The Problem of Mega Pixels

Hidden man in walkway

I love the capabilities of modern digital cameras, especially the wonderful sensors and great lenses available. But nothing is free, and I’m not just talking about the price of the gear. Having too many mega pixels can cause problems you may not anticipate.

Resolution is wonderful

I love extreme resolution. I’m not a fanatic about it, but I really appreciate it. I have not gone to 100+ MPixel sensors yet and I don’t normally do very large panoramas. Still, I get a thrill when I zoom in to 1-to-1 and see the great detail that is there. Then when I sharpen or contrast it more and the detail pops – wow!

Having large resolution allows me to create large prints. It is a necessary thing since I do this for a living. It is also something I really like to do. I don’t think an image is complete until it is printed. For me, a print is the physical expression of the image.

All things being equal, which they seldom are, higher resolution usually leads to sharper images. I love certain images to be “crunchy” sharp with great detail. It is part of my values that I can’t get away from.

Also, larger files allow for more cropping freedom. I try not to rely on this. It is much better to compose the image the way I want it at capture time. But sometimes it cannot be avoided. Maybe the image works better in a square format, or maybe I’m only carrying a lens that goes to 70mm and I want to shoot something I can’t get close enough to. In that case I have to “zoom” in post processing by cropping the image.

Or maybe I realize later that the real interest is in a smaller part of the frame. I have to crop the image heavily to salvage it. It’s not good practice, but I admit to doing it on occasion.

For me, a great print from a well executed, high resolution file is a joy.

Resolution is a pain

On the other hand, high resolution can be a pain. It increases the cost and time of all the downstream stages.

Every time I press the shutter it drops around 60 MBytes on my memory card. That is just the raw capture. It requires CFExpress or XQD cards to keep up. They are very expensive.

As long as I can process the image in Lightroom the size stays around this, but when I step into Photoshop each image balloons to several hundred mega bytes. And that is even without adding a bunch of layers.

Did you know that a Photoshop psd file (the native Photoshop format) cannot exceed 2 GBytes? Or that a tiff file cannot exceed 4 GBytes? I have found this out the hard way. Some of my images now have to be stored as psb files, the large file format version of Photoshop’s data.

Processing and editing time goes up with pixels. I use a powerful computer with 64G RAM and very fast Thunderbolt3 disks, but it can take seconds to do a simple stroke when I am masking or burning or dodging. I have seen multi GByte files containing one or more embedded smart objects take 2 minutes just to save to disk.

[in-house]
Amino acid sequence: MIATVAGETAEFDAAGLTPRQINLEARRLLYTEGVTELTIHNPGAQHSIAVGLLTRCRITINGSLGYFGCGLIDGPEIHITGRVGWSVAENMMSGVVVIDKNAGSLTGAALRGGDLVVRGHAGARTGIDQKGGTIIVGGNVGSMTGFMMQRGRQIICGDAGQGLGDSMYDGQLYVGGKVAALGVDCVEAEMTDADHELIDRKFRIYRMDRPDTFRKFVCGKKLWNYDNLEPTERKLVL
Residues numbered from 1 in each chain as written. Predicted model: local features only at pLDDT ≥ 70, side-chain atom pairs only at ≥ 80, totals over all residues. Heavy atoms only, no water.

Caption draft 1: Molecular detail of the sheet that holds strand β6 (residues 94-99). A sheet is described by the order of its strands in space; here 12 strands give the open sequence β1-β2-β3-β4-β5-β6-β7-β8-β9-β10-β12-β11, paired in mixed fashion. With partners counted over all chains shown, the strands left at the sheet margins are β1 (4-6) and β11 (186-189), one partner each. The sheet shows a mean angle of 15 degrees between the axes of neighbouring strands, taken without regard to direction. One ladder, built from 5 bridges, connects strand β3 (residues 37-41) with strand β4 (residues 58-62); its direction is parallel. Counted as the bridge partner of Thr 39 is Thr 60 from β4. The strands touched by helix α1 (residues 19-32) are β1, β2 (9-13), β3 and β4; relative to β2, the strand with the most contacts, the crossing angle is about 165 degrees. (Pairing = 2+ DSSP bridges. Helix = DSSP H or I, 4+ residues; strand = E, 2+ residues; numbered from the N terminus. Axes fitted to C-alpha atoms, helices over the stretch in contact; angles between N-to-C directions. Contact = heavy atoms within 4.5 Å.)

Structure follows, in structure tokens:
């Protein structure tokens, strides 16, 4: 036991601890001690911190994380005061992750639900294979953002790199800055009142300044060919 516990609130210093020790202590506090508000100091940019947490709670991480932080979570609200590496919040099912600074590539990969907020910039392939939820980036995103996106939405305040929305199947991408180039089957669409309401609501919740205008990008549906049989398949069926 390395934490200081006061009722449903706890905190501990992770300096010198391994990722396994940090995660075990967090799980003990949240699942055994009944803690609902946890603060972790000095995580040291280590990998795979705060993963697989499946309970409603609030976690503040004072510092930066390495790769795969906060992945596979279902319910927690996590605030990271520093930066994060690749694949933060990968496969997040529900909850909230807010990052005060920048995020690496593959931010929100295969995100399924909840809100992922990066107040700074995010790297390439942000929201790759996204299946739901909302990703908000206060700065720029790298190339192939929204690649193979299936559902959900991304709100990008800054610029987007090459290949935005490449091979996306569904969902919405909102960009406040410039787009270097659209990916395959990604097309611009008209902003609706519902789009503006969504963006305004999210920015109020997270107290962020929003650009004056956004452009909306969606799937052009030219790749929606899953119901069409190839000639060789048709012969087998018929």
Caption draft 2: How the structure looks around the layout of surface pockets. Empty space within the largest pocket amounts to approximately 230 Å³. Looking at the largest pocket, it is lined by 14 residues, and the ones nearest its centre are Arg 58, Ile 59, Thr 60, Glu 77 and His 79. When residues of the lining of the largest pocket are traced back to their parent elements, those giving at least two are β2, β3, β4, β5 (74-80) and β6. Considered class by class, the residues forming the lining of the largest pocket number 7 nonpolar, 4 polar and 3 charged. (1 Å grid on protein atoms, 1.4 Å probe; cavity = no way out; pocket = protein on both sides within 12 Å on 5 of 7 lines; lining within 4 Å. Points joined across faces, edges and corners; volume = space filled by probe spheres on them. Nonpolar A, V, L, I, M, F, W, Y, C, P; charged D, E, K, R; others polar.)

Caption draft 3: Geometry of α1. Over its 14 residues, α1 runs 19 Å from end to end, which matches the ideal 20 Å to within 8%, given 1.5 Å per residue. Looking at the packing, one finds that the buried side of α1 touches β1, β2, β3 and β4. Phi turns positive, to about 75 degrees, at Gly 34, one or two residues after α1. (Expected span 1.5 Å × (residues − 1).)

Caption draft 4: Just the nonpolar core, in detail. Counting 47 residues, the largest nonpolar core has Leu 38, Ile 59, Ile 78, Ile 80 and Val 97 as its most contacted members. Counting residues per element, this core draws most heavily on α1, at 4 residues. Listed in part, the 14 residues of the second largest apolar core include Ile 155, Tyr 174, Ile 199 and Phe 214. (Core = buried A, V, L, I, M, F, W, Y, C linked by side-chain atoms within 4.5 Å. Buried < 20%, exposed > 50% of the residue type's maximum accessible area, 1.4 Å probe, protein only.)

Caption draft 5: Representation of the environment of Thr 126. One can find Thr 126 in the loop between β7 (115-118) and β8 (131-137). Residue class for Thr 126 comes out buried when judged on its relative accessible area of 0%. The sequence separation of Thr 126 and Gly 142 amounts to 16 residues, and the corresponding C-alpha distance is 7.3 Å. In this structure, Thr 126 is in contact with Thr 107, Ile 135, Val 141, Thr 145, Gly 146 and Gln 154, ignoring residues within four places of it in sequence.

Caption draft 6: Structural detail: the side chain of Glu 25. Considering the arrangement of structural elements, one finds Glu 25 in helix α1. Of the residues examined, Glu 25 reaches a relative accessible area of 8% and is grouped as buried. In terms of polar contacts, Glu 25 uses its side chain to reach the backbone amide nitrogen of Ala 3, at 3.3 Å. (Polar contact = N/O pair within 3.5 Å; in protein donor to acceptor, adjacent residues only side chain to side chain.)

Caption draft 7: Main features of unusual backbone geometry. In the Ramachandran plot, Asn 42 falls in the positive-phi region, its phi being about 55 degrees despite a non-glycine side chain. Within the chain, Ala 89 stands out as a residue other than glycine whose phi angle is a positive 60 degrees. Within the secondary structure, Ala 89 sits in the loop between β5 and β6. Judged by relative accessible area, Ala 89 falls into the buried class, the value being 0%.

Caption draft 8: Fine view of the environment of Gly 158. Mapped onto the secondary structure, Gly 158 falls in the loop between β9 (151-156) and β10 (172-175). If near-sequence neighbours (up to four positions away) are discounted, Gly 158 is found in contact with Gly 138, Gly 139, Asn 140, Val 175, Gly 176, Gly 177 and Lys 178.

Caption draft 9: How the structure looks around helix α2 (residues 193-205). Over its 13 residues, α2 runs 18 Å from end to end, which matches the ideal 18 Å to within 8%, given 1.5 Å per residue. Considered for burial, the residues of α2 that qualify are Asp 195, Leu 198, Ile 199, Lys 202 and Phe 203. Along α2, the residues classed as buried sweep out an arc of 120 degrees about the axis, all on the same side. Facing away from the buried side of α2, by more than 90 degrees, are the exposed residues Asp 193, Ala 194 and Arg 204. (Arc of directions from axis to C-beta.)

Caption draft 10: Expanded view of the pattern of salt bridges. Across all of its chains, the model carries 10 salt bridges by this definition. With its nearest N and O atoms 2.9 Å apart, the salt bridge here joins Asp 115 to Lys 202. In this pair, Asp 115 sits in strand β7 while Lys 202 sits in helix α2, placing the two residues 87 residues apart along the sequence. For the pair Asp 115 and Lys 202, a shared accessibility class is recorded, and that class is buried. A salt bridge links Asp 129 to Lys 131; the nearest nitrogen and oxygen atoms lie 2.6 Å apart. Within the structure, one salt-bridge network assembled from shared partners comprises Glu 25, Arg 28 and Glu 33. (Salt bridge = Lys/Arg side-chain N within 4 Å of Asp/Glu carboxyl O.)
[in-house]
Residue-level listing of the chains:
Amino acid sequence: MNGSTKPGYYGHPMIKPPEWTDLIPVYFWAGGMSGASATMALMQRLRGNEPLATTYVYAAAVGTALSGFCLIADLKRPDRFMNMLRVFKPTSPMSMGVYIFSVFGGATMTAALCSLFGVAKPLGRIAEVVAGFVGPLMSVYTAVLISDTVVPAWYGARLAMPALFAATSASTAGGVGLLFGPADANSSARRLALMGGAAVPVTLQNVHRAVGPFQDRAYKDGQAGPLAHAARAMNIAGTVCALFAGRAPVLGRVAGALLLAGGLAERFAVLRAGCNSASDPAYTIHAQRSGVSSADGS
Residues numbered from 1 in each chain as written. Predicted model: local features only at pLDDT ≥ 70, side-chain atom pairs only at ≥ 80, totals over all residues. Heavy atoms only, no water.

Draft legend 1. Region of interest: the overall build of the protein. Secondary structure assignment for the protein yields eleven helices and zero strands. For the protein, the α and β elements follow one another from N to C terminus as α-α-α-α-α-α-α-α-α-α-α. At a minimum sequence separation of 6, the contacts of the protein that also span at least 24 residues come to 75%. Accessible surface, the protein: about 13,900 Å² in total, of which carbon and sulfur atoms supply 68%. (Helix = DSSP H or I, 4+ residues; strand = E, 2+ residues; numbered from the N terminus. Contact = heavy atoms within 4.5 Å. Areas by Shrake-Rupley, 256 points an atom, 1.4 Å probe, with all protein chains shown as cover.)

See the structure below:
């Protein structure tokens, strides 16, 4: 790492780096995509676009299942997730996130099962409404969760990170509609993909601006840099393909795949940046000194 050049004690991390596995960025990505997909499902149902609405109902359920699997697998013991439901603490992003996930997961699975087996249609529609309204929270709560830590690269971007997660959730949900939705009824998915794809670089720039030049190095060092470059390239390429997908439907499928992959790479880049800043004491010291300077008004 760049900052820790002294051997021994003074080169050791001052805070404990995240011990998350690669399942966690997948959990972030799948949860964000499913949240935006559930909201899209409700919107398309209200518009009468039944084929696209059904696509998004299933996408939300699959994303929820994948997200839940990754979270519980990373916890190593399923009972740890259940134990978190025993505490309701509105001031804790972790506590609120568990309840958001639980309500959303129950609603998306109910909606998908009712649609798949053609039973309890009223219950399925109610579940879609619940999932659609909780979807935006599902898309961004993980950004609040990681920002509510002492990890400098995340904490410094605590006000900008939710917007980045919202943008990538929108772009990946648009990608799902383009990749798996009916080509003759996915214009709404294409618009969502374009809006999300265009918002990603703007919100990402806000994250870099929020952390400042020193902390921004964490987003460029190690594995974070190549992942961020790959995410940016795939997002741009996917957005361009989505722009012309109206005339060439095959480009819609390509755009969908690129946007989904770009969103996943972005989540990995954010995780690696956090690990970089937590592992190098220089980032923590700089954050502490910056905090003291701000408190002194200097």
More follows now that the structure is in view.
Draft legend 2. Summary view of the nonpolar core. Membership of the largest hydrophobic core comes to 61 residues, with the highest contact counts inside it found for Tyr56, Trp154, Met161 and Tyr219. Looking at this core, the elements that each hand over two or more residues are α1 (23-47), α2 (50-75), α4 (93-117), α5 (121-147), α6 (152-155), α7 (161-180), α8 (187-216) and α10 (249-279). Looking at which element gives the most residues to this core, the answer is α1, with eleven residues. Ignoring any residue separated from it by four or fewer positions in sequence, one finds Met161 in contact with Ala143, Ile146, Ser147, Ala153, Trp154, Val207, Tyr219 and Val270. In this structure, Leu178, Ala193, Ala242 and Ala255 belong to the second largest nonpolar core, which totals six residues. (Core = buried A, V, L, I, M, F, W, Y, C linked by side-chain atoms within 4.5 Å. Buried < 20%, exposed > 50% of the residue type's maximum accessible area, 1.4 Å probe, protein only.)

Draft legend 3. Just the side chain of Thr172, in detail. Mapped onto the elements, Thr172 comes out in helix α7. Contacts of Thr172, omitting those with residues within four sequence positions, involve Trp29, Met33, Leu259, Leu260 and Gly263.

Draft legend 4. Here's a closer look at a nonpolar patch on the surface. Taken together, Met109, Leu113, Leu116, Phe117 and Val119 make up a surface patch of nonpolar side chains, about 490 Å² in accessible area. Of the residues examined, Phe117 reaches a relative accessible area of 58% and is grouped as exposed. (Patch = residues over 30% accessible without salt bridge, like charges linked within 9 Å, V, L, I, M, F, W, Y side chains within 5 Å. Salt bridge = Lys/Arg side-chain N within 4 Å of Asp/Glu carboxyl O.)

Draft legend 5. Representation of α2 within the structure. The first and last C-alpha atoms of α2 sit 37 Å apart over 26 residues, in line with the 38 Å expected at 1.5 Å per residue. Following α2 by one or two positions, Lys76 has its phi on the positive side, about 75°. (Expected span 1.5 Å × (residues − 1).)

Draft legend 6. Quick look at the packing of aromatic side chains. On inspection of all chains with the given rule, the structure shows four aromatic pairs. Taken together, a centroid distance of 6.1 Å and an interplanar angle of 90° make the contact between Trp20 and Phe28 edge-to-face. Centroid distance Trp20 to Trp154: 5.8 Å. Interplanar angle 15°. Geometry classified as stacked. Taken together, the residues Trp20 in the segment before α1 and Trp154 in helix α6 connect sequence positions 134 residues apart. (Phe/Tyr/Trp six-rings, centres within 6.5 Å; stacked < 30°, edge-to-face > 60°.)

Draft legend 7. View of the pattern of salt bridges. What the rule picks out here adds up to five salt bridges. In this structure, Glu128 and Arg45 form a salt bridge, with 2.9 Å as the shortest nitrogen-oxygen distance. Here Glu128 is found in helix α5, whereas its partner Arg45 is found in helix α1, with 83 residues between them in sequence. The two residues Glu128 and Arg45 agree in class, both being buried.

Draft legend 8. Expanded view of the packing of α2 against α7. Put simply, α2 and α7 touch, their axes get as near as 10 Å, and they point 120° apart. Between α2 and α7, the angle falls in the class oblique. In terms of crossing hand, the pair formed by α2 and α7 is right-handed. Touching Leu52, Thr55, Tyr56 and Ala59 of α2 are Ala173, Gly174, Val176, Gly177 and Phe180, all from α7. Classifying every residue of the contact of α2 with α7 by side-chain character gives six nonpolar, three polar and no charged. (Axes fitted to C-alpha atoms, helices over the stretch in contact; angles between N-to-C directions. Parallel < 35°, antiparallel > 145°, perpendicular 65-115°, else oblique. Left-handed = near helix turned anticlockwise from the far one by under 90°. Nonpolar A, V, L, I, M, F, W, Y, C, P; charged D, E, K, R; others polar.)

And you have to get to know disks in multiples of Terabytes. If you have a disciplined backup strategy, something I am fanatical about, then there are layers and layers of them.

I have bought in to the need of powerful and expensive equipment for editing and storing my images. The biggest problem, though, is the slow editing speed. This interrupts the flow of my mental process. I don’t like waiting on the computer.


One of the unfortunate truths they seldom tell you when you are looking at a shiny new high resolution camera is that it is harder to take good pictures with it. This is partially because of the geometries you are dealing with.

A full frame sensor, by convention, is 36 x 24 mm. My Nikon Z7 places 8256 x 5504 pixels in this space. That makes each pixel site 0.004 mm square. That is 4 microns from the center of one pixel to the center of the next. If you do not work in the world of integrated circuits or advanced physics you may have trouble conceiving these sizes. We do not directly encounter these dimensions in the real world.

As an example, human hair ranges from 17 to 180 microns in diameter. Therefore the thinnest strand of hair you can possibly find would cover over 4 of these pixels. An average sized hair, around 50 microns in diameter, would cover a strip of at least 12 pixels wide across the sensor.

A fun fact, but so what? The so what is that with each pixel being so small the problems of focusing and holding the camera steady are greatly compounded. Focus is critical and you almost have to rely on the very sophisticated focus system in your camera. Especially if it is contrast detection – meaning that it is searching for the best contrast, hence sharpest focus, measured directly on the sensor pixels.